• Ask the customer for a survey response
  • Autoplay a video featuring your competitive advantages

Modals work well when targeting subsets of visitors who might otherwise bounce quickly from the site.  Delay the appearance of the modal by 200-500 milliseconds to capture their attention before they leave.


How: Creating Modal Campaigns, Content, and Rules

Step 1 - Create a New Campaign

From your Campaign Library in the Get Smart Content admin platform, click the blue button to "Create Campaign" and select "Form Builder" from the dropdown menu.


Note: You may also use the interactive Campaign Editor to create modal campaigns.  For more information about the limited beta feature, see this article.

Best Practice: To avoid the appearance of multiple modals on any single page, we recommend using just one campaign of type Modal for your website.


Basic Information

Fill out the New Campaign form by providing a descriptive Name, setting the Type to "Display content in a modal," and defining one or more page-level Locations.

Enable Campaign Dimensions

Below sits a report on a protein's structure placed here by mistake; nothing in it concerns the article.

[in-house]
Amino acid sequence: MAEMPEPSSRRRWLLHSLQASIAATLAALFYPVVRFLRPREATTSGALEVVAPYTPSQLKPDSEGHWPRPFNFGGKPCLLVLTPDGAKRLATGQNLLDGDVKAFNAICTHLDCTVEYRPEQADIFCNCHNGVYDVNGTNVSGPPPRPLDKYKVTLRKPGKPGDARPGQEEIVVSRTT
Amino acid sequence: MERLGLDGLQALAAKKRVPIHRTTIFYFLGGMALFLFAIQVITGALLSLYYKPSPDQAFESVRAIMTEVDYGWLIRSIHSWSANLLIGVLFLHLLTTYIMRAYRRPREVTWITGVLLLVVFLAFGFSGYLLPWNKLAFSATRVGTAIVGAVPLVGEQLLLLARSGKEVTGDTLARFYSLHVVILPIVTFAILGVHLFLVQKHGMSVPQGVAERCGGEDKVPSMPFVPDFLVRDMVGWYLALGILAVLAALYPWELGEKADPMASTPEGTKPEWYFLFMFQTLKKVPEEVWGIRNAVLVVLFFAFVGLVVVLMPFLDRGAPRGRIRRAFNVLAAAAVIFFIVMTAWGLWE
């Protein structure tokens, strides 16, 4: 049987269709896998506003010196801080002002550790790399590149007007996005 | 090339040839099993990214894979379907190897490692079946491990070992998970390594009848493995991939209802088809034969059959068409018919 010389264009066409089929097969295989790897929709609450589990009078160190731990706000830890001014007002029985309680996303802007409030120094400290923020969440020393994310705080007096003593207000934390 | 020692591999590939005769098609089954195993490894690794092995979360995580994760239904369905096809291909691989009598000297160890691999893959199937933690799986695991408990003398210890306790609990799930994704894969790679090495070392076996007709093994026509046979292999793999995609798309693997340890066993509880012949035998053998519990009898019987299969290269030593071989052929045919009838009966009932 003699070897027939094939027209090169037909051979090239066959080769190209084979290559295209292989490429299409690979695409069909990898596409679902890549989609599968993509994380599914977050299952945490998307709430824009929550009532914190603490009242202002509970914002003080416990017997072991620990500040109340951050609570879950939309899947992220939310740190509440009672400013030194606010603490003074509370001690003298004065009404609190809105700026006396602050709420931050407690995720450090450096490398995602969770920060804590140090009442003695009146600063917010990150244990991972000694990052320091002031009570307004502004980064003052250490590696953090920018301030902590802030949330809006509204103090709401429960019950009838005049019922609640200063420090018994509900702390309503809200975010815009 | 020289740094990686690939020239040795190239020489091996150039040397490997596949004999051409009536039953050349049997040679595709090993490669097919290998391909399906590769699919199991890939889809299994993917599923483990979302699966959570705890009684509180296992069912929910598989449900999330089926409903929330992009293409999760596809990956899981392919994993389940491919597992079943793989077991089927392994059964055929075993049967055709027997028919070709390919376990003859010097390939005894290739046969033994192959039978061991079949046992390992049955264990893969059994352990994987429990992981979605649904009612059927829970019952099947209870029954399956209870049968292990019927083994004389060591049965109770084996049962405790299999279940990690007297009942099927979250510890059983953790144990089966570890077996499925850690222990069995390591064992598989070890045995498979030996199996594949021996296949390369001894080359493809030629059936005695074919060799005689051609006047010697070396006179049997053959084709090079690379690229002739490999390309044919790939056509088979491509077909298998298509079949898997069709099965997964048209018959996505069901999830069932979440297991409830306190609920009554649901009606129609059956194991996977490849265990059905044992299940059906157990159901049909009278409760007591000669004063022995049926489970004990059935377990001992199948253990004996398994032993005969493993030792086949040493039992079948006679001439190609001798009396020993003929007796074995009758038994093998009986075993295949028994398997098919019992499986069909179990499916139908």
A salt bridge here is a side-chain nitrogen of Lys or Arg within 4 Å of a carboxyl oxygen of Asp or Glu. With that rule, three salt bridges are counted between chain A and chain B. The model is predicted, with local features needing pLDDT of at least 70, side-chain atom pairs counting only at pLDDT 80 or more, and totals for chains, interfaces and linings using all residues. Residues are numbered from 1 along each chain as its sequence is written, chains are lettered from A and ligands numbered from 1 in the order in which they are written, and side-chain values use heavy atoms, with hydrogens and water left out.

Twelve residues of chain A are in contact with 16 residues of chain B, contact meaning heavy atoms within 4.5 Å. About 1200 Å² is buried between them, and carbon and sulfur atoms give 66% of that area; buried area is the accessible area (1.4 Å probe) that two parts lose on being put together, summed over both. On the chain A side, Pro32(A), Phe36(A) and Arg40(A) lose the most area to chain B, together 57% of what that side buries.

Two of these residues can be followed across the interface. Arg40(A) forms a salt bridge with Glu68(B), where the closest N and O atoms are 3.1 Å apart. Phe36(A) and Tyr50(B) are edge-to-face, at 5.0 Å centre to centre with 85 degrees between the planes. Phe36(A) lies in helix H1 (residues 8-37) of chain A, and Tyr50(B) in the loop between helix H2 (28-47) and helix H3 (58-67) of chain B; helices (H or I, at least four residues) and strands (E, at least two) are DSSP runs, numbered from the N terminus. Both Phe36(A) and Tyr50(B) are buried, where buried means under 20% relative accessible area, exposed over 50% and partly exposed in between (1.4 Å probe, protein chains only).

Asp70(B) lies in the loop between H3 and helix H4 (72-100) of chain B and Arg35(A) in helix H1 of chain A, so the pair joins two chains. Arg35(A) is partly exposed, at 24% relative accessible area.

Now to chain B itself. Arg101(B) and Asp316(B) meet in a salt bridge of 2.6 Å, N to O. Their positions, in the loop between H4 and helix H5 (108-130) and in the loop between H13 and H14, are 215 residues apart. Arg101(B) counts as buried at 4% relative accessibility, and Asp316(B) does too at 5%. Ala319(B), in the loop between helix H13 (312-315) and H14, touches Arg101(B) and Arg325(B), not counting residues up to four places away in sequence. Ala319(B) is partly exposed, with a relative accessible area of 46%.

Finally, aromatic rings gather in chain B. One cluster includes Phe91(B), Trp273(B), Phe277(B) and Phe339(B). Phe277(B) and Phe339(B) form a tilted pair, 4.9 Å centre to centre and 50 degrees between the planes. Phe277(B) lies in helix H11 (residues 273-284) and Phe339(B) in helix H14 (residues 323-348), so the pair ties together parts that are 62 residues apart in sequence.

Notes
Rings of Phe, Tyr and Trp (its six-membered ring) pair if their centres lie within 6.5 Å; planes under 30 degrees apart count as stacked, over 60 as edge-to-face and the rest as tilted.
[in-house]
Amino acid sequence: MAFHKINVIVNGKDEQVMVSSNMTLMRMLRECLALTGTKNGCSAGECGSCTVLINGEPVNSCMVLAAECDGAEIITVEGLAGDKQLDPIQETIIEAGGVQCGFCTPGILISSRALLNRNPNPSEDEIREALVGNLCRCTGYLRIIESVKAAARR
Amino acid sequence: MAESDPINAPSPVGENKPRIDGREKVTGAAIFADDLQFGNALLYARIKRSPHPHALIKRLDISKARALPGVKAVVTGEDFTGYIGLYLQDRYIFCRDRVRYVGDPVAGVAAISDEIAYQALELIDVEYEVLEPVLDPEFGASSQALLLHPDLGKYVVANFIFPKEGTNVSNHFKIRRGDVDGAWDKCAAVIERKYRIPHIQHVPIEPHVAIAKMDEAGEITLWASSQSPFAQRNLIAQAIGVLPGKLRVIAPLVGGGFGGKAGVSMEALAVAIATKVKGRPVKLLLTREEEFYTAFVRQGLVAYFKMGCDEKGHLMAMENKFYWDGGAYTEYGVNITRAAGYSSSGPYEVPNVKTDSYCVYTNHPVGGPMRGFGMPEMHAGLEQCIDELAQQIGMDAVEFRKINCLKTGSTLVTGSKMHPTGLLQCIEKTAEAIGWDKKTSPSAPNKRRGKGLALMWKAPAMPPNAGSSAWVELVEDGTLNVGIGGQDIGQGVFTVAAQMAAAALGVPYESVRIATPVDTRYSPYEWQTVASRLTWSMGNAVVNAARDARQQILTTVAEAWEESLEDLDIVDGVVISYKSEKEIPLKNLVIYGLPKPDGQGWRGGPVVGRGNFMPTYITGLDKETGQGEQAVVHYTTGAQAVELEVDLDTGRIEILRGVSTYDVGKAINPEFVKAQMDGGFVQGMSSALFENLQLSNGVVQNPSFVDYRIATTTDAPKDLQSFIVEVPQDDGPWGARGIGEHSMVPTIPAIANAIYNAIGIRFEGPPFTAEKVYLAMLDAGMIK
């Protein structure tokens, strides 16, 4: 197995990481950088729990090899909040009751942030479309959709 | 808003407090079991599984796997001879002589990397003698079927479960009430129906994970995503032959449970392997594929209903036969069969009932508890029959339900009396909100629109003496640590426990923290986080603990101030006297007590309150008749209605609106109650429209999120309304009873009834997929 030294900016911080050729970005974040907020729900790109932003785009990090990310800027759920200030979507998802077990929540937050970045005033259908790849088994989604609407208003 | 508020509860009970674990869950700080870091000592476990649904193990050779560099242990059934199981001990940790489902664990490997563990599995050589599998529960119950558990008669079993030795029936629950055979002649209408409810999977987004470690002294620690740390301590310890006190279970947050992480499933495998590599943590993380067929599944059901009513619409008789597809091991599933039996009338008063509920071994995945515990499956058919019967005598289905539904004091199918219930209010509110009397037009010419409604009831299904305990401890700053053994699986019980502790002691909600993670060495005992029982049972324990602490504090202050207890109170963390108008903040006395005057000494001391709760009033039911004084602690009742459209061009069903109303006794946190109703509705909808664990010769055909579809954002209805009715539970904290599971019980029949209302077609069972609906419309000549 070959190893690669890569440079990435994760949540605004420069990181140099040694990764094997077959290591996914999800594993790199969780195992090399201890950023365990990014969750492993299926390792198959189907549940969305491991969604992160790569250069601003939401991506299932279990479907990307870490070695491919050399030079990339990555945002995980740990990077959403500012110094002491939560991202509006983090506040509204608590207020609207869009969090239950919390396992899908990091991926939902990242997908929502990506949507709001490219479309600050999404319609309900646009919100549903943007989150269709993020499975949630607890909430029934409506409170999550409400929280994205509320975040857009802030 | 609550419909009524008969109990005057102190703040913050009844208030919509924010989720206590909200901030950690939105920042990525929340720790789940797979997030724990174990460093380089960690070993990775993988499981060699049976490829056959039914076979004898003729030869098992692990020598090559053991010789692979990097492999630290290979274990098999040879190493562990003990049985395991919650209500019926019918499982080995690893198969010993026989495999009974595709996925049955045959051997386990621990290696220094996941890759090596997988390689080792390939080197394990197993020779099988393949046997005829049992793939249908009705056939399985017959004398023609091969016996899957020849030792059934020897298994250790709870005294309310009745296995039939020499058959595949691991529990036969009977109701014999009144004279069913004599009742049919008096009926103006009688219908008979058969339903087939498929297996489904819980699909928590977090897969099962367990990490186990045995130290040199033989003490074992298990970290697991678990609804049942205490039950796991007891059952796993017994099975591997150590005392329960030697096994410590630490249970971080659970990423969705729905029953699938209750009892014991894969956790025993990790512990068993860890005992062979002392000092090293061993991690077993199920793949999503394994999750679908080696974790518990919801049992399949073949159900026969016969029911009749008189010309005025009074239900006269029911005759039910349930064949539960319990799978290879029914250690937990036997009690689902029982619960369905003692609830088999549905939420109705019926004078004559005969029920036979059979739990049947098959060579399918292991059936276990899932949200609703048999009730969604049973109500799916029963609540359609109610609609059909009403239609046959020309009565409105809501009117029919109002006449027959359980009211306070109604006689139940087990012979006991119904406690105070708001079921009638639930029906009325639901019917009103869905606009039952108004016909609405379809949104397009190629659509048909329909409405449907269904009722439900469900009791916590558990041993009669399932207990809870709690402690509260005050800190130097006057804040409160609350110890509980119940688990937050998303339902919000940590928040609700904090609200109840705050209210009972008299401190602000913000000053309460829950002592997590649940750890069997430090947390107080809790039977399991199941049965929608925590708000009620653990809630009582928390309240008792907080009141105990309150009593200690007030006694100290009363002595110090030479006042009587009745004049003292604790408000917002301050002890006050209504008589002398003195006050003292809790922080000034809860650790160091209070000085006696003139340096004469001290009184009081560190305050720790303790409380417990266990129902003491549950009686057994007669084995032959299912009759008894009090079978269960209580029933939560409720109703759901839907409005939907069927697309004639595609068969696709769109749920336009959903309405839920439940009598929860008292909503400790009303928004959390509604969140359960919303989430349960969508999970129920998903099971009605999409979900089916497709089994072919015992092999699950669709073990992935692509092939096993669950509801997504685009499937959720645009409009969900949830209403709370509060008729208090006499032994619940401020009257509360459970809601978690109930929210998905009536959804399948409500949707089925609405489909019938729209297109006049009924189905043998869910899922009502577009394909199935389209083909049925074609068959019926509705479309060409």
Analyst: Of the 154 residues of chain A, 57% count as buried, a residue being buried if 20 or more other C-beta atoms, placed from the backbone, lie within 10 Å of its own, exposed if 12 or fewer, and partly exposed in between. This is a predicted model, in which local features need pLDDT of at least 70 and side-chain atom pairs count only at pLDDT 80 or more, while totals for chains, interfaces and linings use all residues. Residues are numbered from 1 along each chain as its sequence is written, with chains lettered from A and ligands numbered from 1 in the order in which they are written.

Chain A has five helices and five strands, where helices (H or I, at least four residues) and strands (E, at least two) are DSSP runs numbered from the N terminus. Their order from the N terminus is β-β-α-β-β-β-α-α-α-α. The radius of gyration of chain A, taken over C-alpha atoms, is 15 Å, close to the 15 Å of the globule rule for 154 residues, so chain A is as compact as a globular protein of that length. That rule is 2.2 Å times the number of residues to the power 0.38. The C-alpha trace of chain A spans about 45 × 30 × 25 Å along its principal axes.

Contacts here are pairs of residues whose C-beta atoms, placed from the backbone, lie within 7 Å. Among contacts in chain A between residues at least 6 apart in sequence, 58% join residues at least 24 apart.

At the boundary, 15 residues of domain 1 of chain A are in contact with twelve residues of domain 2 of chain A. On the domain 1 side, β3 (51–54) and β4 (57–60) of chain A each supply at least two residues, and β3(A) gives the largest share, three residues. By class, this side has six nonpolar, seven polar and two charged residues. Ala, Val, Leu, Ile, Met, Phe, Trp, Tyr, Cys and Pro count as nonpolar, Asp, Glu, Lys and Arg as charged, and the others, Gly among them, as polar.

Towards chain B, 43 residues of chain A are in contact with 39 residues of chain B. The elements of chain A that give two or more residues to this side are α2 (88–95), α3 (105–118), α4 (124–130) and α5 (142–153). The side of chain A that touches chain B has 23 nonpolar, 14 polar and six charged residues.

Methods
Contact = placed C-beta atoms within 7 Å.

By default, Enable Campaign Dimensions is turned On.  If you want every Modal presentation to be constrained to a single height and width, you may specify those dimensions here, in pixels or other available units.

If you instead intend to control the dimensions of your Modals at the content level (or by use of an external style sheet), then you can turn this campaign setting Off.  If you want the Modal to just take the dimensions of the image or other content it contains, then you can turn this setting Off or set the height and width to auto.

Default Content

For new campaigns that are replacing existing content not controlled by GSC, it is important to set up default content that will be displayed if no rules are matched for a given visitor.  This is more relevant for Embed type campaigns, for which you would likely copy the existing code into a new piece of GSC content and then choose that from the campaign's Default Content list.  This ensures that something is shown in a campaign location (if that is the required behavior) and that we can track the performance of that default content in comparison to any personalized content that replaces it.

For Modals and other overlay style campaigns, this step only applies if you want every user to your campaign location pages to see a Modal overlay, regardless of whether they meet any segment conditions.

If you want the default case to be no modal is shown when no rules are matched (which is the most common behavior), then just turn this setting Off for your Modal campaign.